One of the questions I get fairly regularly is, “what kind of handgun should I get for hogs?”

I’ve touched on this a time or two before, but I don’t think I’ve actually dedicated an entire post to answering this question.  I’m not a handgunning expert, and honestly, I’m not all that great with a pistol.  But I do occasionally hunt with one, and I’ve killed a couple animals with it.  Besides, the key concepts have nothing to do with my personal abilities… So let’s have a look at it now.

First of all, what do you really intend to do with this gun?  Will it be a primary hunting weapon, or is it going to be a “back-up”?  Or do you expect this be an all-around tool, for hunting, back-up, plinking, and self-defense?  This is an important question before you run out and spend several hundred dollars on a new handgun, because the fact is that there’s not really any such thing as the Swiss Army Knife of handguns.  Handguns are designed for specific purposes, and while there’s certainly some crossover, you need to be very clear what the primary purpose is going to be.

With that in mind, if you want a handgun primarily for hog hunting, you’ll want something with enough “oomph” to cleanly and quickly kill these tough animals.  You’ll also want something with reasonable accuracy, that’s easy to handle, and that can withstand the rough use that hog hunting usually dishes out.  Several states also have specific minimum requirements for a hunting handgun, such as minimum caliber and barrel length.  That’s going to rule out a lot of stuff on the market.  

Before we get too far down this road, let’s give a quick mention to the Thompson Contender  handguns (and other similar, single-shot platforms).  While there’s no question that these are, technically, handguns they really exist in a category to themselves.  Chambered in everything from rimfire to big-bore rifle calibers, the Contenders are supremely accurate and versatile.  They are an excellent choice for hunting purposes.  However, these aren’t what most people have in mind when they ask about handguns.

That said, I’m going to focus on more traditional handguns, semi-autos and revolvers.  Each of these has it’s own strengths and weaknesses, not to mention their faithful adherents.  There are dozens of articles out there that compare the pros and cons of revolvers vs. semi-autos, and I don’t really want to rehash them here except to summarize the key points: 

  • Revolvers generally have the edge in ease of use and reliability, while semi-autos offer larger magazine capacity and faster follow-up shots. 
  • Revolvers are available in a wider range of appropriate big-game calibers.
  • When it comes to accuracy, most shooters will find that revolvers with longer barrels are more accurate than semi-automatics.

Exceptions abound, of course.  With a reasonable amount of practice, a semi-auto can become second-nature to shoot quickly and accurately.  My friend, Ron Gayer is practically joined at the hip to his Desert Eagle .44mag, and I wouldn’t want to be the hog on the downrange end of that thing.  He loves it because it’s wicked medicine for a charging boar… fast, accurate, and powerful.  I can’t disagree. You can also find semi-autos in powerful calibers like the .50 Action Express, which is certainly plenty for a hog. 

But personally, my tastes trend toward a solid, single-action revolver like my Ruger Super Blackhawk.  There are only two things required to shoot this thing… cock the hammer and pull the trigger.  It’s not as fast as a semi-auto, or even the double-action revolvers, but you can count on this gun to cycle and fire.  An added benefit of the Ruger frame is that it can handle extremely hot loads that would dismantle many other revolvers on the market (and which be would totally unsafe to use in semi-autos). 

There’s something to be said for the double-action revolvers too, because they sort of cross the border between revolver and semi-auto.  By firing the first shot single-action, you can optimize the accuracy of the initial shot.  Then, should the circumstances call for it, you can continue to fire double-action until you’ve cycled the entire cylinder or the “threat” is eliminated.  Unfortunately, in most production models, the trigger pull for double-action is pretty stiff which has a significant, negative impact on accuracy.  A little work by a qualified gunsmith can resolve this problem, though, and might be worth the expense if you intend to use the gun a lot.  However, double-action revolvers are generally heavier and bulkier than single-action.  Without the extra work on the action, many hunters (including me) simply won’t see any benefit over a single-action.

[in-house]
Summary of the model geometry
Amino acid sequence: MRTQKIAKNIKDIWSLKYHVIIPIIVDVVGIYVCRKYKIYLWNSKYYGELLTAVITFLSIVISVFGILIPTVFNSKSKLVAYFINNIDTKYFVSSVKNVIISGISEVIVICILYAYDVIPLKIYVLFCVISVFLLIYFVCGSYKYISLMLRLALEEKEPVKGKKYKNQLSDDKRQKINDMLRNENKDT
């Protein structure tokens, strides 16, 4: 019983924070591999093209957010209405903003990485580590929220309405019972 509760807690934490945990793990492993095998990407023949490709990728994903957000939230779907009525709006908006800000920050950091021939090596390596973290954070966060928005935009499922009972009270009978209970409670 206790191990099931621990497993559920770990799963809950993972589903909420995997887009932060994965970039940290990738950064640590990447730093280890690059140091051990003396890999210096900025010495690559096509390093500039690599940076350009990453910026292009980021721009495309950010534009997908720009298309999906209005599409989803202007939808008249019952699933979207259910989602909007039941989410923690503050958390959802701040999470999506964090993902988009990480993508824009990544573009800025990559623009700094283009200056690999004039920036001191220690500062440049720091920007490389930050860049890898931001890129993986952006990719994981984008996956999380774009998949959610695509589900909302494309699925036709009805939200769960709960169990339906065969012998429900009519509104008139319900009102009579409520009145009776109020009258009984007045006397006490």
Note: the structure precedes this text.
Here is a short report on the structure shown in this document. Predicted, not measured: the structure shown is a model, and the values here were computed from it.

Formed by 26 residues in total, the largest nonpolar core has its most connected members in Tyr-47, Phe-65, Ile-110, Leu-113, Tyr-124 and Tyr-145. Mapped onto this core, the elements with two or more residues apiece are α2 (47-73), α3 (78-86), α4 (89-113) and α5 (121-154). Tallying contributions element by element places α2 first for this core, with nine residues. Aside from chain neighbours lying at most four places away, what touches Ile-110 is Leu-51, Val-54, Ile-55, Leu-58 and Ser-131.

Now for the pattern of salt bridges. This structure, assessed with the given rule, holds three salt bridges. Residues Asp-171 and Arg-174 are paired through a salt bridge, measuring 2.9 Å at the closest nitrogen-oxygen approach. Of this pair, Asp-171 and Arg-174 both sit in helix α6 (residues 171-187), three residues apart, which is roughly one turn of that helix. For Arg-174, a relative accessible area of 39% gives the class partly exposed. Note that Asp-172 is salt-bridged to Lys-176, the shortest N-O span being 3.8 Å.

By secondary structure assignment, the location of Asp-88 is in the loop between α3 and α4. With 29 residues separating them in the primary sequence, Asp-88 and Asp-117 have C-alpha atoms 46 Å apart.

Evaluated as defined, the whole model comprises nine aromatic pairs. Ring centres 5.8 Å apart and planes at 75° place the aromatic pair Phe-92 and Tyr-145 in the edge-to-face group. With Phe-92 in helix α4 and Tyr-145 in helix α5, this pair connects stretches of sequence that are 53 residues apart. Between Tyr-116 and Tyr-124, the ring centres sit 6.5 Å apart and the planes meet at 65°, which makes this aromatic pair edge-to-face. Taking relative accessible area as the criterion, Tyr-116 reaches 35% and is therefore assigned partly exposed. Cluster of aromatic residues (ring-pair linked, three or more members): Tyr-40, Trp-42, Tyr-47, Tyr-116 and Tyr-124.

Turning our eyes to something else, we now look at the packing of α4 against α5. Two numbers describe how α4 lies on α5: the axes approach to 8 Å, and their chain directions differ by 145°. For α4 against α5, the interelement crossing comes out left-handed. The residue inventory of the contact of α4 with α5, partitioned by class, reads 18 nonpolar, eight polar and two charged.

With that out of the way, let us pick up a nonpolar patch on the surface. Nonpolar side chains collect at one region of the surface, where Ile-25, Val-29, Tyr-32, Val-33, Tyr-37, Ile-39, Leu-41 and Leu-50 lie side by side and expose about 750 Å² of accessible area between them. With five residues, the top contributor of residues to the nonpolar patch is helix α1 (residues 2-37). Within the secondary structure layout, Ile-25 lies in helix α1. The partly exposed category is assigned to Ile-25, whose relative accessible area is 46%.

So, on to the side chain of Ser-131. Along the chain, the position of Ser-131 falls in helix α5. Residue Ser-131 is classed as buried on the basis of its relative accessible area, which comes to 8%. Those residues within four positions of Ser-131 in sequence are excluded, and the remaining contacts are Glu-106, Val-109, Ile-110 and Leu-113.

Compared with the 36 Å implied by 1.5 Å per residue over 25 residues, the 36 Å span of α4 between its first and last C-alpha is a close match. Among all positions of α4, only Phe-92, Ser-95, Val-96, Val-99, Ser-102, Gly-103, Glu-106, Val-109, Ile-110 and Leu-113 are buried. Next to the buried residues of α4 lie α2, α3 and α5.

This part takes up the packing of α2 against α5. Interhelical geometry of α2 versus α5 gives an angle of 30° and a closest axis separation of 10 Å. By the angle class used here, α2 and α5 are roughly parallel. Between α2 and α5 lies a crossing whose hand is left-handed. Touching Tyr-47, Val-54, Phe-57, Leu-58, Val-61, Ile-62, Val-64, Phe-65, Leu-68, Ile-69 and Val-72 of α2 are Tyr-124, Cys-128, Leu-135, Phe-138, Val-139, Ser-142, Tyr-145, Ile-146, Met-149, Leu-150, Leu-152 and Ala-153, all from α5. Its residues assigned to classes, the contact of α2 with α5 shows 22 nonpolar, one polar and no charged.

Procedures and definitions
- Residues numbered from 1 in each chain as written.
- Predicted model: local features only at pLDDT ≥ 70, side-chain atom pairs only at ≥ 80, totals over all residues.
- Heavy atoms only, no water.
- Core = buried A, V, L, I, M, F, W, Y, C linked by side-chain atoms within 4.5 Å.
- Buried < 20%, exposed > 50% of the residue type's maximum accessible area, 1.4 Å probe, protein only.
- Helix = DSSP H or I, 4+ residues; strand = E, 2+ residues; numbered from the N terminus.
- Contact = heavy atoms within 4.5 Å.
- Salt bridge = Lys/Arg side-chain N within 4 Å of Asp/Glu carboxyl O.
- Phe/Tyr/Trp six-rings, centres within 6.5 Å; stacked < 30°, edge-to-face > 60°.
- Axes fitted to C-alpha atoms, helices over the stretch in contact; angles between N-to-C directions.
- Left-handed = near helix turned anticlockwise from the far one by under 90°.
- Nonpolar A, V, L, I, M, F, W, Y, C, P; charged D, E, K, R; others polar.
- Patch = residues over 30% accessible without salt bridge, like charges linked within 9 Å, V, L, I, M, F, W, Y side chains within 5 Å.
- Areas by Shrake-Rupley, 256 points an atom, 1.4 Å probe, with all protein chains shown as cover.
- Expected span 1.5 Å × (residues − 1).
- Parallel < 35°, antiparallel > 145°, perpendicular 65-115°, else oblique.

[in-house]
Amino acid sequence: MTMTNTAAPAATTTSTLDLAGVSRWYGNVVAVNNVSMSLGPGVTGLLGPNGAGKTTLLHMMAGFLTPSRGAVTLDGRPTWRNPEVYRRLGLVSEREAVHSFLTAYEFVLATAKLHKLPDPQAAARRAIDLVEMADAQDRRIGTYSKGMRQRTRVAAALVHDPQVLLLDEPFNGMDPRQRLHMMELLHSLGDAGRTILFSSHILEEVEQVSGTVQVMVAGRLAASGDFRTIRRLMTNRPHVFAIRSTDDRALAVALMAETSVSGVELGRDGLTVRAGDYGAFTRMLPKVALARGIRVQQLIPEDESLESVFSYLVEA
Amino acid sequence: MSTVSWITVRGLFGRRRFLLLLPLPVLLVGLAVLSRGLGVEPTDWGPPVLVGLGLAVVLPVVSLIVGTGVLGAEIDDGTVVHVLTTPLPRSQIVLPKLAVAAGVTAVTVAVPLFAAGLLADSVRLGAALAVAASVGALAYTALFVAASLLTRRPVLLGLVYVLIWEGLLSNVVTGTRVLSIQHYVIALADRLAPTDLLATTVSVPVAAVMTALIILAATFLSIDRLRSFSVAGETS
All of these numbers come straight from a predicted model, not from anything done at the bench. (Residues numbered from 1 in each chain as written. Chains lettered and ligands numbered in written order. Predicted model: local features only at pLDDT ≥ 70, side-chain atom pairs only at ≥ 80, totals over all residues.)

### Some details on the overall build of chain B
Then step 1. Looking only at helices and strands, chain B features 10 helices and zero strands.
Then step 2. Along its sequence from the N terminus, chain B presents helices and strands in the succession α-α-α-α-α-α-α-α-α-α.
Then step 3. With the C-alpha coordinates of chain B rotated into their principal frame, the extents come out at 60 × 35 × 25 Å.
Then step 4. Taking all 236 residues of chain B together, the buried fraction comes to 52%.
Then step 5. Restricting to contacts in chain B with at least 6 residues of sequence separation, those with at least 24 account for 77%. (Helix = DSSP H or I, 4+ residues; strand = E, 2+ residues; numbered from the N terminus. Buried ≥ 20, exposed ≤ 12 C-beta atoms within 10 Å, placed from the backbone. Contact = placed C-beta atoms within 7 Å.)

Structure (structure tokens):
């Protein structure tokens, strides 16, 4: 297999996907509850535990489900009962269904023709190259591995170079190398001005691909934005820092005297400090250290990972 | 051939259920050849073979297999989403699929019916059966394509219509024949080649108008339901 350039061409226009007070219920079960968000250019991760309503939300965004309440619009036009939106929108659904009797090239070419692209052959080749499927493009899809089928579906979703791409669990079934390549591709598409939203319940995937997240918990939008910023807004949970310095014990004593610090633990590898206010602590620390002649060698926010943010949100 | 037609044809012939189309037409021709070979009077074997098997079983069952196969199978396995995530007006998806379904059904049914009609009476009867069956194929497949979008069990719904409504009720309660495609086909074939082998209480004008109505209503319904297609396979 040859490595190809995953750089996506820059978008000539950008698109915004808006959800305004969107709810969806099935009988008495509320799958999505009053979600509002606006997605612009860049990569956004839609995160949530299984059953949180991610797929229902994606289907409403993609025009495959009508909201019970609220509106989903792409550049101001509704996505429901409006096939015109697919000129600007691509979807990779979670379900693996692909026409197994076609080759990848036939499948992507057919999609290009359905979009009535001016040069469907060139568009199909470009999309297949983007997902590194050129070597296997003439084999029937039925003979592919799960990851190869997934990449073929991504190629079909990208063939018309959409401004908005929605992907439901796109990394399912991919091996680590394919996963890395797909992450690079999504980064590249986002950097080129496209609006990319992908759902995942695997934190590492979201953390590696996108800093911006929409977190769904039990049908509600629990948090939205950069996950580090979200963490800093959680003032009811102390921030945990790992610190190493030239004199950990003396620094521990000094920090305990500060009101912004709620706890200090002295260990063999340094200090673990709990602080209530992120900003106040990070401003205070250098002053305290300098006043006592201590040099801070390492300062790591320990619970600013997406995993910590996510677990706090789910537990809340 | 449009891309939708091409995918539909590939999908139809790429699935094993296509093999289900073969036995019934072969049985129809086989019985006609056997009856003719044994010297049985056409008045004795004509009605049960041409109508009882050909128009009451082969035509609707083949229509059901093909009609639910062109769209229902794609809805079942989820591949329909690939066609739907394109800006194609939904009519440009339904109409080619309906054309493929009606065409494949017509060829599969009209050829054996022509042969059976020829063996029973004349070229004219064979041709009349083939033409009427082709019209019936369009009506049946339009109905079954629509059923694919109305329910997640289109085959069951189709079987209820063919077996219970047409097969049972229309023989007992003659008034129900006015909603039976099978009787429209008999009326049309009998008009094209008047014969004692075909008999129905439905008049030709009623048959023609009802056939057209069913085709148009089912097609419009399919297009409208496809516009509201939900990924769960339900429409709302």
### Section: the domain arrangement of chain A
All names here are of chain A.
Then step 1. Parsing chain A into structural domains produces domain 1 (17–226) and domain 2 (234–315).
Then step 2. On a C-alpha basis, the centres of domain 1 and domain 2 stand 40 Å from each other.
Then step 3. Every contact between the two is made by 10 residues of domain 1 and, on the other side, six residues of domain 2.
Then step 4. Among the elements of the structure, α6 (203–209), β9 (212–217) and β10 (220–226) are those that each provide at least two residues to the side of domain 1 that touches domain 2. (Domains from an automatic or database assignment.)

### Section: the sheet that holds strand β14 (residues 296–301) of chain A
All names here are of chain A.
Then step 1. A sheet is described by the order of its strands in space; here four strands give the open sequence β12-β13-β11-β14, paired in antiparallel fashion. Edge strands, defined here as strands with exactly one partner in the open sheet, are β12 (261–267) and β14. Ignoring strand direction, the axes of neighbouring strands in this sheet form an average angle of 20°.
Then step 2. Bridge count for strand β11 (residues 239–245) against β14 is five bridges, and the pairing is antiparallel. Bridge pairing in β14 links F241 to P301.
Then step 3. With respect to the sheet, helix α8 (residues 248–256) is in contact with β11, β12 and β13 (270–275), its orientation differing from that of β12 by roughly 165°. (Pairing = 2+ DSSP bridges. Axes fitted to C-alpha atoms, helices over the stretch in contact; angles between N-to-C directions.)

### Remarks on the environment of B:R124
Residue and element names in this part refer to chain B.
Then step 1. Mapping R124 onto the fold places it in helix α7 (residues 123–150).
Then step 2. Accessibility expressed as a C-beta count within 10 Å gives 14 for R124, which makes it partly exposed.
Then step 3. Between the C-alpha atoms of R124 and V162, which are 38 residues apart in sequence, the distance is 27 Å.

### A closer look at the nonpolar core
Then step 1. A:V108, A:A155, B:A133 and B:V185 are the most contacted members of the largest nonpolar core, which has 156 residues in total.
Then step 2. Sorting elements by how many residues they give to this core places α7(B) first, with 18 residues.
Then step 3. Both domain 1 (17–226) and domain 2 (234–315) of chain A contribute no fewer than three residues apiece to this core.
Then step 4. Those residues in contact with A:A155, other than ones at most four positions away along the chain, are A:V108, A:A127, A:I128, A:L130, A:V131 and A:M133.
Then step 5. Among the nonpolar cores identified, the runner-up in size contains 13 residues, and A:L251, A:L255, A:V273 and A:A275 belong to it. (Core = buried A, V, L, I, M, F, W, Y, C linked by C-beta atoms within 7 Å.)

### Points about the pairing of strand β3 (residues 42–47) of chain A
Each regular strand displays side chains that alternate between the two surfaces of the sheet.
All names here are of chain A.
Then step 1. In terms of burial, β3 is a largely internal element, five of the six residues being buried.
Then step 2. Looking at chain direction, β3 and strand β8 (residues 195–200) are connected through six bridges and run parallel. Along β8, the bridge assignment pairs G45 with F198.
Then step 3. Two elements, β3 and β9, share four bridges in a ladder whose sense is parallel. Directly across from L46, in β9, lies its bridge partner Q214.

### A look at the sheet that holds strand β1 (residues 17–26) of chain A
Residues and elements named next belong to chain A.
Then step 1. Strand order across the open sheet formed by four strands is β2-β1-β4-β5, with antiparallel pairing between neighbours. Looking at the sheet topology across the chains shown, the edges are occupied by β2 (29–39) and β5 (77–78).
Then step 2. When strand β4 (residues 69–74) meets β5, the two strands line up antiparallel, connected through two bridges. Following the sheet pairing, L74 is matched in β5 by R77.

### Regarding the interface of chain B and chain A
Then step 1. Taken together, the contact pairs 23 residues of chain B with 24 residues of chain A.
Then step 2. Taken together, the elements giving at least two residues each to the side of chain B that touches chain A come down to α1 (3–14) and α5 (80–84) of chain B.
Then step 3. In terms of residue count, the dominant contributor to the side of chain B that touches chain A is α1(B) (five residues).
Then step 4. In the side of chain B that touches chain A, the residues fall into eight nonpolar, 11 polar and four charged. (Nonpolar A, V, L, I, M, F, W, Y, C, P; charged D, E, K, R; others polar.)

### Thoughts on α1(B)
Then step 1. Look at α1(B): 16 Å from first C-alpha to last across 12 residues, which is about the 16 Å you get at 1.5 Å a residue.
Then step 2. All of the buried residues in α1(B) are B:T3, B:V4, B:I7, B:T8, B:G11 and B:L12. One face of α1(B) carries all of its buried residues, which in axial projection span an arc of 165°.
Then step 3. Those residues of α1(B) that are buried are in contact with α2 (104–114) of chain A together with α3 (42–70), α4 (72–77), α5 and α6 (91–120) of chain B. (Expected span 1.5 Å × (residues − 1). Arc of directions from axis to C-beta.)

So there’s what I’ve got to offer on selecting a style and action.  A good bit of this decision should be based on your personal preference, of course, but I would definitely suggest giving some consideration to what I have written here, as well as what others have written on the subject.

So what about caliber?  How big of a gun do you need for hog hunting? 

First of all, as I’ve said before, you don’t need a howitzer to kill hogs, but you can’t use a pop-gun either.  I still remember an old farmhand slaughtering hogs with a .22 short, and I’ve finished off several hogs with my Browning 9mm.  But then again, slaughtering hogs at powderburn range is not hunting.  As hunters, we have a  responsibility to use enough gun to ensure a clean kill under hunting conditions. So how big is big enough? 

There are some handgun calibers out there that are simply insane, and totally unnecessary.  In that group, I include rounds like the Smith and Wesson  .500.  This opinion may offend a few folks, but I’ve shot this round and it is simply more than the average hunter can handle… and it’s more than the average hog hunter needs. 

In my opinion, for a primary hunting handgun, I’d recommend nothing smaller than the .41mag, and I’d prefer the .44mag.  The uptick in recoil is worth the trade off when it comes to the edge in terminal performance.  In my own experience, even the .44mag has a decidedly un-exciting impact on big pigs, and short of a perfect hit, will often take more than one round to seal the deal.  If you can handle the recoil, I’d suggest going even bigger, to the .454 Casull or .460 S&W.  However, recoil is a definite consideration for these big-bore hand cannons.  You have to be realistic about your capabilities, or you’re doomed to frustration.  There are some ways to deal with this, and we’ll tackle that in a minute.

The .45 Long Colt is another good option, with a critical qualification…  regular factory loads for this round are designed for antique revolvers.  Because of this, these loads are generally mild, and don’t offer the kind of thump you’ll want for a bigger hog.  For hog hunting, you’ll want to either handload “hot”, or look into some souped-up factory ammo from companies like Cor-Bon .  With stout loads and good bullets, the .45lc is a hog-killing machine!